Age of dys-order
Kiwi youngsters are battling a plague of learning disorders. JOHN McCRONE investigates what might be done to counter dyslexia, dyscalculia and their ilk.
The five labelled pieces of text are an approximation of what some people with dyslexia see when trying to read. Dyslexia, dyspraxia, dysgraphia, dyscalculia: our kids appear to be suffering an epidemic of learning dys-orders.
Add in attention deficit disorder (ADD), hyperactivity, Asperger's and autism, and nearly every family harbours some tale of academic struggle -- and dare they admit it, thwarted hopes and dreams -- when it comes to their kids.
The parental anguish shows on internet forums such as the New Zealand Association for Gifted Children discussion board.
Rebecca, a mum, writes about her "gifted but learning disabled" six-year-old daughter. "It breaks my heart to see how hard she tries, how much she struggles, how much of an effort it is for her to learn these so-called `basic' skills that other gifted children pick up effortlessly; to see the proud parents of the `top of the class' kids at parent-teacher interviews and believing deep down in my soul that my daughter ought to be one of them.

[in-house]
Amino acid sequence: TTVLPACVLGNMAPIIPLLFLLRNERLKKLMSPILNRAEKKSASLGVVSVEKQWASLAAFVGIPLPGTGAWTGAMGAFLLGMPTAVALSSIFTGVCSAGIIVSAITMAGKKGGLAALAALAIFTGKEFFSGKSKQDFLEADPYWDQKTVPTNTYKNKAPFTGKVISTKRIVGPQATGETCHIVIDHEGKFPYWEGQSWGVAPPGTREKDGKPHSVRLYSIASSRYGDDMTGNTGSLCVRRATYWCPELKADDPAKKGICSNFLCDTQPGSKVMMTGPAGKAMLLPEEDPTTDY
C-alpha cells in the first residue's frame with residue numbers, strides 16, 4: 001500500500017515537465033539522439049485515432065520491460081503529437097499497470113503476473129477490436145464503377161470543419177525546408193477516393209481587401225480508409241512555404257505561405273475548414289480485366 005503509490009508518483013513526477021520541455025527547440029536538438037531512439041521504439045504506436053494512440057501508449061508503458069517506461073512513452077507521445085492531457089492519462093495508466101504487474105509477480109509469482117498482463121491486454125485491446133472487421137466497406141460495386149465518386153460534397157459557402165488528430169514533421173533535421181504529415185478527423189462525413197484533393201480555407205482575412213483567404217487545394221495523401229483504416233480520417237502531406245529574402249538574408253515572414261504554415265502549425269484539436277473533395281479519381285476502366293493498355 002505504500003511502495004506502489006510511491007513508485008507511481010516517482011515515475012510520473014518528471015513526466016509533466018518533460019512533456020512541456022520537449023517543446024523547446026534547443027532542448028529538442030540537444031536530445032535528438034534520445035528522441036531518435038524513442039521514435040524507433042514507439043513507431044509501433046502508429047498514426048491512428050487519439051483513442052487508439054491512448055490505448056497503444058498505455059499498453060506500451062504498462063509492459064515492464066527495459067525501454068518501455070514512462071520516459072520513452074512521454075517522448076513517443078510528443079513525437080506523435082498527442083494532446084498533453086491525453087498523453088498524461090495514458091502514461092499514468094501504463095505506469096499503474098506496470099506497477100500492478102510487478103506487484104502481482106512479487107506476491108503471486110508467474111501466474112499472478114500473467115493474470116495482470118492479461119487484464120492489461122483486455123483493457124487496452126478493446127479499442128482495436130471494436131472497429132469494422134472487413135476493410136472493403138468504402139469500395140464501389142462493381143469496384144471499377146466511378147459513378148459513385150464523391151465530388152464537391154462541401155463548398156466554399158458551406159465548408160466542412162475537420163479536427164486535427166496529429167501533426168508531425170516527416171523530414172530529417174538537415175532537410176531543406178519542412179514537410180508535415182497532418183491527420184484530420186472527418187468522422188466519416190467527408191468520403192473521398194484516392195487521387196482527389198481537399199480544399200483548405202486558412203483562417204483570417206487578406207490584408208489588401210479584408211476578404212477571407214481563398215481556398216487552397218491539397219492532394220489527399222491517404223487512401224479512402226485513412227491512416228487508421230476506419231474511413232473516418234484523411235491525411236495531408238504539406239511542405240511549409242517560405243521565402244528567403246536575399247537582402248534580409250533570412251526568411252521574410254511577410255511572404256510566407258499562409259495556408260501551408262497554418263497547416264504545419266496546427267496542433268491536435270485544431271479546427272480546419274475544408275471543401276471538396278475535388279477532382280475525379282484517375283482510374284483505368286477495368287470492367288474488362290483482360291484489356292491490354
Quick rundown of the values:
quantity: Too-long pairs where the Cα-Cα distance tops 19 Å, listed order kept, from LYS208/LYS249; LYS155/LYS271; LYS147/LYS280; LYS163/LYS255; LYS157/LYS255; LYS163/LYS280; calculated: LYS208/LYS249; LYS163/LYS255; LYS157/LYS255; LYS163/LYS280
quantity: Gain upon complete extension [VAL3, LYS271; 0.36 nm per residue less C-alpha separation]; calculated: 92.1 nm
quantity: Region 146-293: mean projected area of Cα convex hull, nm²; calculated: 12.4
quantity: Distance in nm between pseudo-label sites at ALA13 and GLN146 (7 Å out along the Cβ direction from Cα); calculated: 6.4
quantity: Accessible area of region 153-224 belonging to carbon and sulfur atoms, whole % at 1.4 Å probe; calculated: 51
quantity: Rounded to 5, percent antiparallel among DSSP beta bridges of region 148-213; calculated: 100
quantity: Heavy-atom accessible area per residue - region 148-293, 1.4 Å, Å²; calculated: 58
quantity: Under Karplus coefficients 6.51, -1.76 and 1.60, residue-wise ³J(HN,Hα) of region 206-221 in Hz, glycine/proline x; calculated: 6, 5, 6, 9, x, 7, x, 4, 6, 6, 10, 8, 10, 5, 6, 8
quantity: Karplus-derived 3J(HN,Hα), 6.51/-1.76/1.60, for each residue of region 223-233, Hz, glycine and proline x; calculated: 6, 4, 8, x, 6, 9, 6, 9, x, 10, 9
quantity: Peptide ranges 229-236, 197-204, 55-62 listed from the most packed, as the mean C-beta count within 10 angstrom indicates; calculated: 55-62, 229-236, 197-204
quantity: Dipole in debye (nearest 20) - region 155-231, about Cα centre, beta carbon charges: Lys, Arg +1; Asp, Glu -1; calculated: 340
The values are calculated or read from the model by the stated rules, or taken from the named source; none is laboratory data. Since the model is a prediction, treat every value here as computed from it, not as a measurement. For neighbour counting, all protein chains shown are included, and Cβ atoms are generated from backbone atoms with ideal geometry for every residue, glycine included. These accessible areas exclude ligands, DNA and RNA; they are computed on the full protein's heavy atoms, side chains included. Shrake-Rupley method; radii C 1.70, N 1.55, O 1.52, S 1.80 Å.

"Because of her cognitive level, she is so very aware of her difficulties and at times can be very down," Rebecca adds.
For years, the education system has resisted the temptation to label children, to recognise that learning disorders such as dyslexia -- a specific difficulty with reading and spelling -- even exist. However, official policy has just done a U-turn.
The Ministry of Education has bowed to gathering scientific evidence that some kids' brains -- perhaps one in 10 -- work differently and therefore need to be taught differently.
Whole new syndromes such as dyscalculia, "number blindness", are about to be recognised. Dyscalculia says some kids are not just dumb or lazy when it comes to maths. They have a brain lacking in an area which gives the rest of us a feeling for numbers, that allows us to sense nine is a bit bigger than seven, and a lot bigger than three.
Guy Pope-Mayell, of the Christchurch-based Dyslexia Foundation of New Zealand, says he is dazed at how fast things seem to be changing.
New Zealand, so long a laggard at dealing with learning disorders, now looks like it could leap-frog to the front of the pack.
"The biggest barrier was the Government's non-recognition of labels like dyslexia. The foundation is only a year old, but the change that has been created has just been absolutely phenomenal," Pope-Mayell says.